Durable goods orders surged in July, beating the top-end of Bloomberg Consensus Estimates. Despite the surge, year-over-year orders are still in the red.

Exports have been weak but they didn’t hold down July’s durable orders which, for a second straight month, are strong, and strong nearly across the board. New orders rose 2.0 percent in the month which easily beat out top-end Econoday expectations for 1.2 percent. Excluding transportation, orders rose 0.6 percent which is near the top-end forecast for 0.7 percent. Capital goods data show special strength with nondefense ex-aircraft orders up 2.2 percent following June’s 1.2 percent gain and with related shipments up 0.6 percent following a gain of 0.9 percent.

Motor vehicles led the industrial production report for July and they’re a standout in this report also. Orders for vehicles surged 4.0 percent in the month on top of June’s 0.8 percent gain. Vehicle shipments are right behind, up 3.9 percent following a 0.9 percent gain. Commercial aircraft, a center of strength for the nation’s factory sector, fell back with orders down 6.0 percent following June’s 70 percent surge.

The good news continues with total shipments up 1.0 percent vs June’s 0.9 percent gain which are very strong readings. Unfilled orders rose 0.2 percent while inventories, reflecting strength in shipments, were unchanged.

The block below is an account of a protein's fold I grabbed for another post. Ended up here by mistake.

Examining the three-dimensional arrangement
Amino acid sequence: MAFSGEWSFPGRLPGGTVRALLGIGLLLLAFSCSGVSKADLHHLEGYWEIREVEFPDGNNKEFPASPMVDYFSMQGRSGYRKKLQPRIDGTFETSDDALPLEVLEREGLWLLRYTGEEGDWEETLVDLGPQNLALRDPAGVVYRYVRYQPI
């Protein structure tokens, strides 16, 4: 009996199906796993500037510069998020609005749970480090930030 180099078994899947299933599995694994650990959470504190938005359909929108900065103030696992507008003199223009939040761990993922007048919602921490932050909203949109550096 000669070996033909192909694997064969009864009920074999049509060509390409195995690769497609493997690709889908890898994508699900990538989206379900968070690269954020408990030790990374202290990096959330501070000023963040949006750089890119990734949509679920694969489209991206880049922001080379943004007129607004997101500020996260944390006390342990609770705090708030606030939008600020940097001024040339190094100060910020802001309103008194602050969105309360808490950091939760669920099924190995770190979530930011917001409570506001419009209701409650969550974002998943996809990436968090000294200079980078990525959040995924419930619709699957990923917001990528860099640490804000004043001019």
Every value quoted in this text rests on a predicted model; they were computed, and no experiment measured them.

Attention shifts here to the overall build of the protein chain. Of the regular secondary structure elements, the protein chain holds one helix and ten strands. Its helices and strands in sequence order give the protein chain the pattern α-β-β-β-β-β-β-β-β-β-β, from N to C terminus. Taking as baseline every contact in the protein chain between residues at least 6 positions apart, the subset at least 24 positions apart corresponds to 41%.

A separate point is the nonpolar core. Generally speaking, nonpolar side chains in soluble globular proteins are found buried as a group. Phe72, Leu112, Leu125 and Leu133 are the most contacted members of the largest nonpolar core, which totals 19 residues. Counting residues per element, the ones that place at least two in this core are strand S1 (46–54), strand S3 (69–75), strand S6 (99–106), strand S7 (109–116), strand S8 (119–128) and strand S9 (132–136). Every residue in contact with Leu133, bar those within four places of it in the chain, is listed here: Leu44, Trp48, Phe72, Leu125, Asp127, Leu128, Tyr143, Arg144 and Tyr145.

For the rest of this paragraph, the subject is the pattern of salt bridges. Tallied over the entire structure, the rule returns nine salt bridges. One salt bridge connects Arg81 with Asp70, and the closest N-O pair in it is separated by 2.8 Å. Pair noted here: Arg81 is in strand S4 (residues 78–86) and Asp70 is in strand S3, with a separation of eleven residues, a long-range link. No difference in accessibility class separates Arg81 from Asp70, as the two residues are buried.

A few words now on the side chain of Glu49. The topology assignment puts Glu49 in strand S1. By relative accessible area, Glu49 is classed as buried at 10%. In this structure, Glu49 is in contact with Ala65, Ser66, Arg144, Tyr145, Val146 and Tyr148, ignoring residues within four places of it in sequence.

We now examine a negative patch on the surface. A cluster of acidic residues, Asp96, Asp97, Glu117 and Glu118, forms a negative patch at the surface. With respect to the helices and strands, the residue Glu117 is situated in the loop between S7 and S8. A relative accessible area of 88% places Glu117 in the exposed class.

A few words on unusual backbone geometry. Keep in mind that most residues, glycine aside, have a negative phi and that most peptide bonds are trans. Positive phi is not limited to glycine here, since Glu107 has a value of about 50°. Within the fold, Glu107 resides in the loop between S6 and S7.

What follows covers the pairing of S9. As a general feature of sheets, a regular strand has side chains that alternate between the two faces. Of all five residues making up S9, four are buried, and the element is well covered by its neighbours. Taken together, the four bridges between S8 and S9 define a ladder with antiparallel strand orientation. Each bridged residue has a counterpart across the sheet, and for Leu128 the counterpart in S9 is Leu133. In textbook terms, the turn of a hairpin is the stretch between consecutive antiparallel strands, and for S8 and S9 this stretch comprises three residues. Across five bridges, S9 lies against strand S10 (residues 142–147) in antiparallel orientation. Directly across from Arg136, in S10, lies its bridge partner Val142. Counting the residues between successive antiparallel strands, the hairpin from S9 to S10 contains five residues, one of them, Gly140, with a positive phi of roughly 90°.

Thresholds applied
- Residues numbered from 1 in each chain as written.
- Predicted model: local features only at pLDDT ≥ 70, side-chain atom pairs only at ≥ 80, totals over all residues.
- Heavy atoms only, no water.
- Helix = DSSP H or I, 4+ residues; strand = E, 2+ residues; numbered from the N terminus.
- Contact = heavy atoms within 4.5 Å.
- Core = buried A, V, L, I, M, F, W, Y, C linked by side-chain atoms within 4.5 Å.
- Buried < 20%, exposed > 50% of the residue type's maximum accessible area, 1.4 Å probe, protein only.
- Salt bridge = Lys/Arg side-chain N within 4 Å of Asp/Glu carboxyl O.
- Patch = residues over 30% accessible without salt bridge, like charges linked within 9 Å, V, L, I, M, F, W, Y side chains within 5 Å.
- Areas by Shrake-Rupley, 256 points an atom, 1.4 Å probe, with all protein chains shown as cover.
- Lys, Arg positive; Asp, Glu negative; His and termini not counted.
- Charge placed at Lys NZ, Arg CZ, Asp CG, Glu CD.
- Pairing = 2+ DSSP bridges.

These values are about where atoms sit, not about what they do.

The factory sector has had a tough year, that is up until June when demand for vehicles began to take hold. This report speaks to domestic strength and should help offset ongoing concerns over global volatility.

In a special note on year-on-year change, total new orders are down 19.6 percent which reflects an aircraft comparison with the Farnborough airshow in July last year. Excluding transportation, orders are down 2.5 percent which is an improvement vs declines of 4.5 and 2.7 percent in the prior two months.

Monthly vs. Yearly

The skew in aircraft orders made the year-over-year comparisons this month (yellow highlight) especially tough. Next month, the year-over-year comparison (pink highlight) will be especially easy.

Discounting the huge swings, this is the first time durable goods have had consecutive month-to-month gains in a year.

Once again autos lead the way. I keep wondering how long that can possibly last.

Mike “Mish” Shedlock